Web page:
Bill Hammond

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Bill Hammond
William Hammond

(1947-08-29)29 August 1947
Christchurch, New Zealand
Died30 January 2021(2021-01-30) (aged 73)
NationalityNew Zealand
EducationIlam School of Fine Arts[1]
Known forPainting

William Hammond (29 August 1947 – 30 January 2021) was a New Zealand artist who was part of the Post-colonial Gothic movement at the end of the 1990s.[2] He lived and worked in Lyttelton, New Zealand.[3][4] The theme of his works centred around the environment and social justice.

Early life[edit]

Hammond was born in Christchurch on 29 August 1947.[5] He attended Burnside High School.[6] He went on to study at the Ilam School of Fine Arts of the University of Canterbury from 1966 until 1969.[6][7][8] Before embarking on his career in art, he worked in a sign factory, made wooden toys, and was a jewellery designer.[9] He also had a keen interest in music, serving as the percussionist for a jug band.[5]


Hammond started to exhibit his works in 1980,[5] and went back to painting on a full-time basis one year later.[10] His first solo exhibition came in March 1987, at the Peter McLeavey Gallery in Wellington. This was followed by over 20 further exhibitions at the aforementioned gallery.[5]

One of Hammond's best known work was the painting Waiting for Buller (1993).[11] This was in reference to Walter Lawry Buller, the first New Zealander ornithologist who wrote A History of New Zealand Birds in 1873.[5] Hammond was particularly interested in the contradictions in Buller's life, in how he documented birds while being a hunter and taxidermist.[12] Another noted piece of his was Fall of Icarus (1995),[13] which explores the effects of the colonisation on the country,[9] and is exhibited at Christchurch Art Gallery.[5] The Guardian described this as "his most famous work".[9] His painting Bone Yard, Open Home (2009) was the largest single piece of canvas he painted,[6] with a width of more than four metres.[14]


The overarching theme of Hammond's work was social and environmental issues. Specifically, it touched on the imperiled state of both,[5] as well as the destruction brought on by colonisation.[9] His paintings feature two common themes: references to popular music and gaunt creatures with avian heads and human limbs.[15][16] The characters in Hammond's paintings, which were often anthropomorphic animals, rarely move away from their natural habitat and are in no hurry.[10] Humans are notably absent from his works during the later part of his career, which was influenced by his visit to the Auckland Islands in 1989.[5][9] Two signature colors employed by Hammond were emerald green and gold.[10] He was also at the forefront of the Post-colonial Gothic movement. This ultimately became "one of the most influential tendencies in New Zealand painting" at the turn of the 3rd millennium.[12]

Later life[edit]

Hammond eschewed giving interviews[9] and guarded his privacy.[6] He died on the evening of 30 January 2021, at the age of 73.[5] He was labelled as one of the country's "most influential contemporary painters" by Radio New Zealand.[5]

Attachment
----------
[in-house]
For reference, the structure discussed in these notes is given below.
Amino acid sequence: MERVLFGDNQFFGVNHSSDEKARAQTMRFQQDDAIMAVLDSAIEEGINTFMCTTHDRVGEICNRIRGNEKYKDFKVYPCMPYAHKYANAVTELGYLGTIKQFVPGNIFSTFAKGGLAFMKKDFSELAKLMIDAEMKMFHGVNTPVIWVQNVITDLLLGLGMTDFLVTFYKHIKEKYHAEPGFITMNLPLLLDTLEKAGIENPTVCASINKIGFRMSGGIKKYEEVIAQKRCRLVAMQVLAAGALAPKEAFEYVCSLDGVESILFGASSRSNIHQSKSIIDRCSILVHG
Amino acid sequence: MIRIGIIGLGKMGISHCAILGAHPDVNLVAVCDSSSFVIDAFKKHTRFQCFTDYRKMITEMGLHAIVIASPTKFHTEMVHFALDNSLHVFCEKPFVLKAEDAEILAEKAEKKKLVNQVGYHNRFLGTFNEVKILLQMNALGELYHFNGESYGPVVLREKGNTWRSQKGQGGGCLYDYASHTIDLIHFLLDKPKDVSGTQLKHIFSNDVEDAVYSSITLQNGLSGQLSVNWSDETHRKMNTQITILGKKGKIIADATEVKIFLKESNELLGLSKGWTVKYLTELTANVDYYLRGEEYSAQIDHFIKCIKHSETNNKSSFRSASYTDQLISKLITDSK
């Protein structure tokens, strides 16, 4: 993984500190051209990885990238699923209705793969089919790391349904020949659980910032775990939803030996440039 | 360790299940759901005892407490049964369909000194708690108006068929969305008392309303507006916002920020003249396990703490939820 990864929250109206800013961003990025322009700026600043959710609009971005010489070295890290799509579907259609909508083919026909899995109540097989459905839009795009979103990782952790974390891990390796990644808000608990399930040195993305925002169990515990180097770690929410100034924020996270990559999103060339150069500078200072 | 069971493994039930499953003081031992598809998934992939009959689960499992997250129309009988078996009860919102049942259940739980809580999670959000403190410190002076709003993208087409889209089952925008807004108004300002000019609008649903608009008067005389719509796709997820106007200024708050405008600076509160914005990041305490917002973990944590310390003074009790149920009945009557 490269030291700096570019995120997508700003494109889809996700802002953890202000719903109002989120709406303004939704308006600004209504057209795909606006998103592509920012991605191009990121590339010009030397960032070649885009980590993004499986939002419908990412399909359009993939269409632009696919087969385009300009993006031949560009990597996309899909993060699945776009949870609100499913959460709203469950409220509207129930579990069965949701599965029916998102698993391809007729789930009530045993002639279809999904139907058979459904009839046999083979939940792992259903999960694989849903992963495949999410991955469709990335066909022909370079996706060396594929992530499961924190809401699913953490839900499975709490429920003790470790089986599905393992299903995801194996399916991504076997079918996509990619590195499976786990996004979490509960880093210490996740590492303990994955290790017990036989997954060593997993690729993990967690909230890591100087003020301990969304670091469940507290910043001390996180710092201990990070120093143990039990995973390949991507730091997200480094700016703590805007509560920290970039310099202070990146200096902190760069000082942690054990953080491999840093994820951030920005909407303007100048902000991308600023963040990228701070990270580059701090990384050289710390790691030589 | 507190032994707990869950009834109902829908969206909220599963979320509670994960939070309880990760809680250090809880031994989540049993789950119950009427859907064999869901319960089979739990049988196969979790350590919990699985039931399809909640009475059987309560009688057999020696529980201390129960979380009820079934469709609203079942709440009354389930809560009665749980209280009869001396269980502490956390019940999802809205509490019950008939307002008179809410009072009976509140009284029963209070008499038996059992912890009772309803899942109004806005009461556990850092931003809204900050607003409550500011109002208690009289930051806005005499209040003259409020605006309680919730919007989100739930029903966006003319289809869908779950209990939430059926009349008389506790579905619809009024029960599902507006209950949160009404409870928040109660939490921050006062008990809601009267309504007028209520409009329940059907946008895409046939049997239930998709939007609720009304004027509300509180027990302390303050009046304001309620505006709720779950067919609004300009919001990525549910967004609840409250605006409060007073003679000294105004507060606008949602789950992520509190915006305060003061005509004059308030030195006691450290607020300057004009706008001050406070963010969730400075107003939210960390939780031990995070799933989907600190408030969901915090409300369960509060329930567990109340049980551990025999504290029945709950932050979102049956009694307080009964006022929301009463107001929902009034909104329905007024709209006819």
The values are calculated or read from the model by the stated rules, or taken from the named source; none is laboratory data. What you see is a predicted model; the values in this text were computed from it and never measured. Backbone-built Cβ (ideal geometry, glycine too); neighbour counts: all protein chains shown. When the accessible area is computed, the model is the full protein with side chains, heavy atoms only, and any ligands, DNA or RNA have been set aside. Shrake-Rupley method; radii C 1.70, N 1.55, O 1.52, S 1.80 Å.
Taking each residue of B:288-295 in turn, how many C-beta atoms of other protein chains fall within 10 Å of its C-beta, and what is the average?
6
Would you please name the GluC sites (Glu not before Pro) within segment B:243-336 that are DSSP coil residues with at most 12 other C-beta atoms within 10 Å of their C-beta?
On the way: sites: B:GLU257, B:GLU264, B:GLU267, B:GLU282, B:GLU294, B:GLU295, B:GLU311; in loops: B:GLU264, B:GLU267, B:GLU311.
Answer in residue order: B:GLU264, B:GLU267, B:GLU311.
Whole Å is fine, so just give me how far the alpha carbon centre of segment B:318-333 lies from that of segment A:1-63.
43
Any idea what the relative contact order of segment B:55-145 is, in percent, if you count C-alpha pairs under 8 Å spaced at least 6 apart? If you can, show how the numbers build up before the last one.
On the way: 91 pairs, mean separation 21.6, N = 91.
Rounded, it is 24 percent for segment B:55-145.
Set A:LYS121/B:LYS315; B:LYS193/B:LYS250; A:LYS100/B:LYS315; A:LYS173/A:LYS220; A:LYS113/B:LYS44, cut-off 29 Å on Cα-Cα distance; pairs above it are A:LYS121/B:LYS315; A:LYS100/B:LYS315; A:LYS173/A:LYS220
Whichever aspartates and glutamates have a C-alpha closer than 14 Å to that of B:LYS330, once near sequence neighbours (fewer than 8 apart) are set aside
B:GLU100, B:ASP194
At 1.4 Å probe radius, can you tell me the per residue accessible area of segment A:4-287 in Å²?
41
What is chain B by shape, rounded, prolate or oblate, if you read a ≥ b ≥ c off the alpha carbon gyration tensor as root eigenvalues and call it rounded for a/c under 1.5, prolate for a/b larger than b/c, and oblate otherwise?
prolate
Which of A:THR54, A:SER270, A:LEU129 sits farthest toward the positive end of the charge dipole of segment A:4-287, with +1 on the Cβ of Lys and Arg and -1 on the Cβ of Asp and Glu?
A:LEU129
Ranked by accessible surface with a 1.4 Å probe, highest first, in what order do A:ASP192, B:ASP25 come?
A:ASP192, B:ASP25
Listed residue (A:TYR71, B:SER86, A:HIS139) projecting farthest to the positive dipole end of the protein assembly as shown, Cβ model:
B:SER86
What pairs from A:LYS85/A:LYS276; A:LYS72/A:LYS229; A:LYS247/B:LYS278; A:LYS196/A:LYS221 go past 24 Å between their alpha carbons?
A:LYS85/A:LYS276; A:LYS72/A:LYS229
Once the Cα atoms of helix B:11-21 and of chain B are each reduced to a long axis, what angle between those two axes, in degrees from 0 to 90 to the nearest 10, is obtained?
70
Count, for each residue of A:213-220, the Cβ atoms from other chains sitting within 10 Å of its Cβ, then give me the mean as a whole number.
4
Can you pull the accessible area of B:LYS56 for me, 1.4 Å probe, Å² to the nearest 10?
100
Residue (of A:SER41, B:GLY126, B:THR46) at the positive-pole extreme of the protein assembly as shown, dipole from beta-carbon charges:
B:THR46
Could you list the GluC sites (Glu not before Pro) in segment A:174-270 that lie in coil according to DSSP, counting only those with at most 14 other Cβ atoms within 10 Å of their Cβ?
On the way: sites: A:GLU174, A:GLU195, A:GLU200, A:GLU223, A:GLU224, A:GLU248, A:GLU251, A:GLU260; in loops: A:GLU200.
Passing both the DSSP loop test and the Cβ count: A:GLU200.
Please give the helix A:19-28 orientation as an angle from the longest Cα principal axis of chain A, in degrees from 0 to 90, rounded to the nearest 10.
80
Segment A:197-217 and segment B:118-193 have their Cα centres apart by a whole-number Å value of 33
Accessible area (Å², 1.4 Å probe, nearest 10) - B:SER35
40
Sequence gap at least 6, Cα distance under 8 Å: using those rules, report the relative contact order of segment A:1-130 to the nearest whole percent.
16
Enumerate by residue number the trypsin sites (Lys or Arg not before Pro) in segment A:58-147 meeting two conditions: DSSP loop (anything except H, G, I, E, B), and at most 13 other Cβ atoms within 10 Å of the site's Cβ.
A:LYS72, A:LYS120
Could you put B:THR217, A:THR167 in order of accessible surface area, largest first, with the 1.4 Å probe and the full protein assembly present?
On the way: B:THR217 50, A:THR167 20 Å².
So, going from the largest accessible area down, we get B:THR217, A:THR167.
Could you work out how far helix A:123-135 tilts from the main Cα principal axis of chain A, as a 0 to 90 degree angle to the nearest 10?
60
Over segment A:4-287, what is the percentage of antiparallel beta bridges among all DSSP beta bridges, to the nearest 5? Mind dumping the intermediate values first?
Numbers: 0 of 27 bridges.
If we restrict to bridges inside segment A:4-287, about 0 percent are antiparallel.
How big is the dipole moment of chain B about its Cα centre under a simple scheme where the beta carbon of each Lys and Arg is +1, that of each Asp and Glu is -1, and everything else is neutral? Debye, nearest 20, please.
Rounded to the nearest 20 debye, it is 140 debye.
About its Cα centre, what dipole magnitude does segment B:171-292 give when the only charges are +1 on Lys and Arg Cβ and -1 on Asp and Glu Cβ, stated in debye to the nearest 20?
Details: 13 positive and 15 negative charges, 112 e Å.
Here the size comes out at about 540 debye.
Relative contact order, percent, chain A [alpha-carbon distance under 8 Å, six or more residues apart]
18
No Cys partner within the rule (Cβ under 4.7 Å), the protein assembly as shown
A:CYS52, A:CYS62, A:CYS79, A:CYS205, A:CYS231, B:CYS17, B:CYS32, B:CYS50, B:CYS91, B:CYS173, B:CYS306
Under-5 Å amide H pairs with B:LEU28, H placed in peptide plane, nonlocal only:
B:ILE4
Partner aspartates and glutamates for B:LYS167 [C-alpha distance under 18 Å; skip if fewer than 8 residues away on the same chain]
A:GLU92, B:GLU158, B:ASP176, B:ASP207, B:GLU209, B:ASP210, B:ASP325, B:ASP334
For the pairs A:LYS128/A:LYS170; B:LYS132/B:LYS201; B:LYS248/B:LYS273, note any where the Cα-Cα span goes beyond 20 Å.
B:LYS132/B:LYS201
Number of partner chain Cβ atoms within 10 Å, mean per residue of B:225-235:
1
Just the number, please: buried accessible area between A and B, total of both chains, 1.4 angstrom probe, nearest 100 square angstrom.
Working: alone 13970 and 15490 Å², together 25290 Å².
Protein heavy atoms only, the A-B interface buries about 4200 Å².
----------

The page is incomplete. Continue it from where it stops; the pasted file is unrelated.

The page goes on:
1. ^ "Hammond paints to own rare beat in Christchurch Art Gallery show".
  2. ^ "Bill Hammond's private artistic vision". NZ Herald. 15 October 2000.
  3. ^ Paul Wood, Andrew (11 July 2017). "Art: Bill Hammond". Verve magazine. Archived from the original on 5 March 2018.
  4. ^ Simmons, Laurence; Armstrong, Philip (2007). Knowing Animals. ISBN 978-9004157736.
  5. ^ a b c d e f g h i j "Bill Hammond, one of nation's most influential artists, has died". Radio New Zealand. 1 February 2021.
  6. ^ a b c d Van Beynen, Martin; Law, Tina; Kenny, Lee (1 February 2021). "Lyttelton legend' Bill Hammond remembered for his 'immense' contribution to New Zealand's art". Stuff. Retrieved 1 February 2021.
  7. ^ "Bill Hammond, one of New Zealand's most influential artists, has died". The New Zealand Herald. 31 January 2021. Retrieved 31 January 2021.
  8. ^ "Bill Hammond: Something is happening here". ArtNow. Archived from the original on 18 September 2020.
  9. ^ a b c d e f de Jong, Eleanor (1 February 2021). "Bill Hammond, renowned New Zealand artist, dies aged 74". The Guardian. London. Retrieved 1 February 2021.
  10. ^ a b c "Bill Hammond: Jingle Jangle Morning". Christchurch Art Gallery. 2007. Retrieved 1 February 2021.
  11. ^ Potts, Annie; Armstrong, Philip; Brown, Deidre (March 2014). A New Zealand Book of Beasts: Animals in Our Culture, History and Everyday Life. ISBN 9781869407728.
  12. ^ a b "Shag Pile". Christchurch Art Gallery. Retrieved 1 February 2021.
  13. ^ "Bill Hammond – Fall of Icarus". Christchurch Art Gallery. Retrieved 1 February 2021.
  14. ^ Jackson, Blair (1 October 2020). "A Bird in the Hand". Christchurch Art Gallery. Retrieved 1 February 2021.
  15. ^ Gate, Charlie (18 March 2016). "Christchurch artist Bill Hammond sells quake-damaged Lyttelton studio". Archived from the original on 3 February 2019.
  16. ^ Whitfield, Paul (September 2010). The Rough Guide to New Zealand. ISBN 9781405385480.
  17. ^ "Bill Hammond – Cornwall Road – Chartwell Collection of contemporary art".
  18. ^ "Living Large 6".
  19. ^ "Gladrap".
  20. ^ "Loading... | Collections Online – Museum of New Zealand Te Papa Tongarewa".
  21. ^ "Bill Hammond". Sarjeant Gallery Whanganui. Retrieved 23 November 2020.
  22. ^ "Art Collection > "Twirl"".
  23. ^ "New Zealand art lands in V&A museum | New Zealand News UK".

External links[edit]